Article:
WHY should Larsian barbecue vendors be singled out?
The Cebu City Health Office (CHO) should widen the scope of their “intensified” monitoring to ensure that all food establishments and vendors practice food hygiene and protect public health.
The Cebu Provincial Government, which owns the property where Larsian is located, must review why the measures formulated in 2018 to improve food handling and sanitation in Larsian failed and how enforcement can be improved.
Last Feb. 7, Jerra Mae Librea of SunStar Cebu reported that the CHO found flies, cockroaches and rats at the Larsian Food Park near the Fuente Osmeña Circle. The CHO is checking the health cards of Larsian stall operators. Not having one means confiscation of the outlet’s sanitary permit and closure of the stall for violation of health and sanitation laws.
In November 2018, Larsian stalls reopened after a three-month closure. From July to November 2018, operations were suspended to rehabilitate the facilities, such as the improvement of the toilets and opening of a parking space. Stall owners were involved by the Provincial Government, which manages the food park, in formulating the guidelines and sanctions regarding food handling and general sanitation.
What went wrong? Even as the factors causing the backsliding of Larsian food entrepreneurs should be looked into, the Cebu City Government and the Cebu Provincial Government must be as vigilant in ensuring that proper sanitation is observed by other food vendors.
A review of food hygiene standards shows that there are many violators of proper personal hygiene among street food vendors. Since street food is inextricably part of Cebu culture and a magnet for tourists, stakeholders must share responsibility to prevent food from being a conduit for communicable diseases and becoming a public hazard.
Hair nets, protective masks, and gloves limit or eliminate the transfer of pathogenic micro-organisms in food preparation. Not only are these protective clothing rarely used by food handlers of street food patronized by residents and tourists, other realities increase the risks of food being improperly handled, such as the common practice of the person preparing and serving the dish also receiving the customers’ payment and producing the change.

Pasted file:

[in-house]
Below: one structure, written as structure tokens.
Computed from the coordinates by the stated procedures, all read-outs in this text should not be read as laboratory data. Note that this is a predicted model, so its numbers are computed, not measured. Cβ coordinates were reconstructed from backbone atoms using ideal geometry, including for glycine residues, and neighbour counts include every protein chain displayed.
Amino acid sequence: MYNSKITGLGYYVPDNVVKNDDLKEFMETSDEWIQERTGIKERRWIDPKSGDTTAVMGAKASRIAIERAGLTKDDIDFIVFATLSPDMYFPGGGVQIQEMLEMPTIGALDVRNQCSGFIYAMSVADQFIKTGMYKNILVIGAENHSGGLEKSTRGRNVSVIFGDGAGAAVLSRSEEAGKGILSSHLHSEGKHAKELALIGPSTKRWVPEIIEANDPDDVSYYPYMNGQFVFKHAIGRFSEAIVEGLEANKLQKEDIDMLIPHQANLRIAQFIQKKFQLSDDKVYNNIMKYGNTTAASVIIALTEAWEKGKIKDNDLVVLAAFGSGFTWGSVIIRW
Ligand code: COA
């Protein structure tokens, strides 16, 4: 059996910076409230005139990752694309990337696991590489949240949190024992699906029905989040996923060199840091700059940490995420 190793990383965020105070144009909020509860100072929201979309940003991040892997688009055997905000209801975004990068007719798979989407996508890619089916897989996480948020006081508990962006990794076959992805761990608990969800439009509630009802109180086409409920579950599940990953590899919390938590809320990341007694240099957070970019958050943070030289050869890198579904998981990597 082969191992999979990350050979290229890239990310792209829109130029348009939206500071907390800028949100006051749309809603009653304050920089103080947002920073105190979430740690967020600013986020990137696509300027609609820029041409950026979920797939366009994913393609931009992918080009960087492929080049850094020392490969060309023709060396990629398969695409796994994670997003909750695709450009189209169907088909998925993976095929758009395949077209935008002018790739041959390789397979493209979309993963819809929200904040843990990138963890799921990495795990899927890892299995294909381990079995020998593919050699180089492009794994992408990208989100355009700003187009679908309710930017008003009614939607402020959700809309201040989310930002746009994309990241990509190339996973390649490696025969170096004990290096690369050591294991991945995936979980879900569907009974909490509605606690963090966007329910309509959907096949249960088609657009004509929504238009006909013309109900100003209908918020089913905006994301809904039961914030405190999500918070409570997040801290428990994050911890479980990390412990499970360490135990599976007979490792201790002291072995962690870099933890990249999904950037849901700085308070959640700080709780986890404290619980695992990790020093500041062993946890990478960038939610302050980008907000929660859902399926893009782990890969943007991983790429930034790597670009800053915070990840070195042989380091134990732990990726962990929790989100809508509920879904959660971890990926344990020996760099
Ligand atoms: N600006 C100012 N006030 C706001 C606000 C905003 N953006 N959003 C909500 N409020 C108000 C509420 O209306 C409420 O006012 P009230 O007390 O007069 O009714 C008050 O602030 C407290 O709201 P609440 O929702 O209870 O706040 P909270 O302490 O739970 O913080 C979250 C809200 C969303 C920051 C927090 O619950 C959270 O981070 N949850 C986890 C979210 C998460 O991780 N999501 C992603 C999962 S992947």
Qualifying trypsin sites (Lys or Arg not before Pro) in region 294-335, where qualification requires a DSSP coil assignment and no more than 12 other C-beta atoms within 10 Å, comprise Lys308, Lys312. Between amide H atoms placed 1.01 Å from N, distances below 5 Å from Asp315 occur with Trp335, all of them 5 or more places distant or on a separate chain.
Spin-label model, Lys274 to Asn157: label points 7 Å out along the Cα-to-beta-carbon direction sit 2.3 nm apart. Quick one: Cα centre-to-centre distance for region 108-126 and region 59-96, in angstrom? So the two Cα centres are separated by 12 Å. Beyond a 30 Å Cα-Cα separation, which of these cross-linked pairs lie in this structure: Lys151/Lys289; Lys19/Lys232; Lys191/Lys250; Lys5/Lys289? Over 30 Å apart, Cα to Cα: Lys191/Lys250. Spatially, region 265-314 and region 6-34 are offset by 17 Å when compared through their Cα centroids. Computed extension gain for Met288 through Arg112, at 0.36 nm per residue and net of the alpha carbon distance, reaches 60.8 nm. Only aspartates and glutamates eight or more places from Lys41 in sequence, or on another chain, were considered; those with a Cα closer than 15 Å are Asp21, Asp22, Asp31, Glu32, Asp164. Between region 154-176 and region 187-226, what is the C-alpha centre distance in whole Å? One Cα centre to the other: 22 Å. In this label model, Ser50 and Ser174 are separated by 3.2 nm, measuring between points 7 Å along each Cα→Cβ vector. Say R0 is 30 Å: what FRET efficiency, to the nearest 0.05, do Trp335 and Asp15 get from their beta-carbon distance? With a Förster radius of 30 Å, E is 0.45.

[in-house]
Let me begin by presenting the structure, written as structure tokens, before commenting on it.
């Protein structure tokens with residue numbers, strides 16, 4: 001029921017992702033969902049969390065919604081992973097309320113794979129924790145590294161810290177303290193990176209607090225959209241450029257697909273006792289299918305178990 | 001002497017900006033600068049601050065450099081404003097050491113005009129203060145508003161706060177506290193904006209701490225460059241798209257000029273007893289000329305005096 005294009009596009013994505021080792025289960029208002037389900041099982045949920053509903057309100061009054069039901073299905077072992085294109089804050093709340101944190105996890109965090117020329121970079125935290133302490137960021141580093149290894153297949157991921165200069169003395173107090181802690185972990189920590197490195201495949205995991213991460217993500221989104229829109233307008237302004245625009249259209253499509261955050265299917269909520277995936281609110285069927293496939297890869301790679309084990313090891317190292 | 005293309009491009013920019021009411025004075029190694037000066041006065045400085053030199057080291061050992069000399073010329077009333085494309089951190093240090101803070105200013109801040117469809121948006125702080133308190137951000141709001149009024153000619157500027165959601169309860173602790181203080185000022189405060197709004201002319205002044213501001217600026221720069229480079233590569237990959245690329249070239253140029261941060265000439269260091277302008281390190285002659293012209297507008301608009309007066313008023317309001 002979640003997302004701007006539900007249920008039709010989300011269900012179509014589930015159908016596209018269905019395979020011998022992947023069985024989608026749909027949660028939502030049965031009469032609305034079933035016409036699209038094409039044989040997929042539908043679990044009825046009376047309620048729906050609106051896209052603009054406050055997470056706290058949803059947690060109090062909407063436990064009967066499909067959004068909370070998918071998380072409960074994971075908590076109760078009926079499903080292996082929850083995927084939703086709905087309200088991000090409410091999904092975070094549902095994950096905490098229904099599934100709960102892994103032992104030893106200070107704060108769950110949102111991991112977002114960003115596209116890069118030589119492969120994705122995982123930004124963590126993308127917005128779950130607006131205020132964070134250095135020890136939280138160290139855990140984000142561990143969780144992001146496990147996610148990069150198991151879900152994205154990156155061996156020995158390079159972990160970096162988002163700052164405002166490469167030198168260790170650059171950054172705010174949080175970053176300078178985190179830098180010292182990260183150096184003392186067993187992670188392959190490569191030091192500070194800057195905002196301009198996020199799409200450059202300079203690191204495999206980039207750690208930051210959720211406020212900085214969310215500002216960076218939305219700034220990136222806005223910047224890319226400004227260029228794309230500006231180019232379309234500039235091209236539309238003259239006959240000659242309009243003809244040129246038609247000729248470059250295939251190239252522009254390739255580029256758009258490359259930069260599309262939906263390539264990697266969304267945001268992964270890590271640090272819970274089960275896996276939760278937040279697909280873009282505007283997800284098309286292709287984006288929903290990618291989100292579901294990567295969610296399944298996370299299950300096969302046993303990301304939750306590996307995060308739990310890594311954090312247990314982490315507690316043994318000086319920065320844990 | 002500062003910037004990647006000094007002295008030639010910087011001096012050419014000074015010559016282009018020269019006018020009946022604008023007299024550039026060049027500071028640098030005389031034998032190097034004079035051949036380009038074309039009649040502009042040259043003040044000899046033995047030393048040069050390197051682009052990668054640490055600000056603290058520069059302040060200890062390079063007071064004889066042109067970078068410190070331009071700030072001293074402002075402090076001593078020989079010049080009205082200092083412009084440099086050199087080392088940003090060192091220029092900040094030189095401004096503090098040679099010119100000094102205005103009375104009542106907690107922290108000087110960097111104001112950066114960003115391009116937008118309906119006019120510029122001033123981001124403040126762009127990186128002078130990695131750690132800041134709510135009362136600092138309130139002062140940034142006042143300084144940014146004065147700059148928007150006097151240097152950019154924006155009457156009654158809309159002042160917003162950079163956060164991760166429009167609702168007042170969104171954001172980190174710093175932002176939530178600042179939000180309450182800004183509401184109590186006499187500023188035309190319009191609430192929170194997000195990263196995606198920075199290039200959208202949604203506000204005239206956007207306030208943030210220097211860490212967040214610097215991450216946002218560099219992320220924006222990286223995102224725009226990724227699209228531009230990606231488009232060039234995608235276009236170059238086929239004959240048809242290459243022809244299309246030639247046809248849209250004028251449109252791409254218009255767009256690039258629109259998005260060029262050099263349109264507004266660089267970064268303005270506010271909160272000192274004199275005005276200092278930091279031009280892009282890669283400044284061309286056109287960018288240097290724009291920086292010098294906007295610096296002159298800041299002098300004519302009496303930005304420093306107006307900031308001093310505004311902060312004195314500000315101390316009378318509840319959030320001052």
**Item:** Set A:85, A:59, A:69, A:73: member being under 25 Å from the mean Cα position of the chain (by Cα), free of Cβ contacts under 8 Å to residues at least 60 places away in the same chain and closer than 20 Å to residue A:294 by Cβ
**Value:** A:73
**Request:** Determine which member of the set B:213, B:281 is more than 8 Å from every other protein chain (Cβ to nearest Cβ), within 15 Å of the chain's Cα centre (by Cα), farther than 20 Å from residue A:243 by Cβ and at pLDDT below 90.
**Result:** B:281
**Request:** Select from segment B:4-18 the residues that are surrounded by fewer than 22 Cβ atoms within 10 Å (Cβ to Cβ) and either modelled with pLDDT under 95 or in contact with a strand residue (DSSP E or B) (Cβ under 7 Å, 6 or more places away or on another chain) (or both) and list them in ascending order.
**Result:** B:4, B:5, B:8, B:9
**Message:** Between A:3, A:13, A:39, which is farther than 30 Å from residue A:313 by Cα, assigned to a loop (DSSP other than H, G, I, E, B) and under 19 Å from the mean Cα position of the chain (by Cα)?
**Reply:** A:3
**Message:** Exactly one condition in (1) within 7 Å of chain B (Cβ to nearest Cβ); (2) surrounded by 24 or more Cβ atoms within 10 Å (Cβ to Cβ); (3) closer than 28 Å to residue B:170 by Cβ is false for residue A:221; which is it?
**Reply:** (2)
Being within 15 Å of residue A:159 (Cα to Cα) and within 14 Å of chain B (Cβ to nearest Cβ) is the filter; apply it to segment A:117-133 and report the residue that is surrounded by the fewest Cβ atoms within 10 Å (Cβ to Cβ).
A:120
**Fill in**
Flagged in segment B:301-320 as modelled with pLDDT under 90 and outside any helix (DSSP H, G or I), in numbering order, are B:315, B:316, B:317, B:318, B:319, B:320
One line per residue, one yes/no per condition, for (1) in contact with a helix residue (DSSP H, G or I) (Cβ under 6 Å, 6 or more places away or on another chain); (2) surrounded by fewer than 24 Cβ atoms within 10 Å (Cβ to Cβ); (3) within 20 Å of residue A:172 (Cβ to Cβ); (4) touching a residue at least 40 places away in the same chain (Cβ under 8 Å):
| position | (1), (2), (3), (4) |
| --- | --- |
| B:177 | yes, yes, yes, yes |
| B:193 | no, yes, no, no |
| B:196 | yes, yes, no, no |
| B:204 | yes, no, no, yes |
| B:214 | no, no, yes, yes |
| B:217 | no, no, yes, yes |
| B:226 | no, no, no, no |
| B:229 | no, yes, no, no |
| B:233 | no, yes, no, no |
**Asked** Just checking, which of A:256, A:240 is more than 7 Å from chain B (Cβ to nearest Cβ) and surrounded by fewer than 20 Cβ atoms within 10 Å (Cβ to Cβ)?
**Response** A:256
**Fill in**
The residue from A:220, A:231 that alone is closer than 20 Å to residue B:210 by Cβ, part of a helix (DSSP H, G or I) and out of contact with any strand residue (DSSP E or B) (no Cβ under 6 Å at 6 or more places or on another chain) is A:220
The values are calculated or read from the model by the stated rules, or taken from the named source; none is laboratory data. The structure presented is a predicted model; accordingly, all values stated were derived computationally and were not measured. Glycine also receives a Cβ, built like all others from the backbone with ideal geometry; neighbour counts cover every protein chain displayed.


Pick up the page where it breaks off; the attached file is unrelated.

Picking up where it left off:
On the other hand, blame cannot be solely directed at food entrepreneurs. Local governments should share the responsibility for permitting food vendors to operate without access to the supply of uncontaminated, uninterrupted water, for instance.
Handwashing is a requirement for food handlers in varied situations, according to the Food and Environmental Hygiene Department of the Government of the Hong Kong Special Administrative Region: “before commencing work; before handling food; after visiting the toilet; after handling raw food; after handling soiled equipment or utensils; after coughing, sneezing, smoking, eating, drinking or blowing nose; after handling animals or waste; after touching their earns, noses, hair, mouths or other parts of their bodies; or after engaging in any activities that may contaminate hands (e.g., handling money, carrying out cleaning duties, etc.).”
Proper garbage disposal and regular collection is another requisite public service to prevent or control the proliferation of pests around food centers and waste receptacles.
Schools, hospitals, malls, public parks, and other places where citizens congregate attract street food vendors. Recognizing the public’s need for affordable, filling food and the regular livelihood provided by street food vending, local governments must step in and provide trainings and seminars on proper food hygiene, in partnership with the private sector.
Public and private sectors must take up the slack in ensuring that Cebu’s food industry excels in all tests, from sanitation to taste and affordability.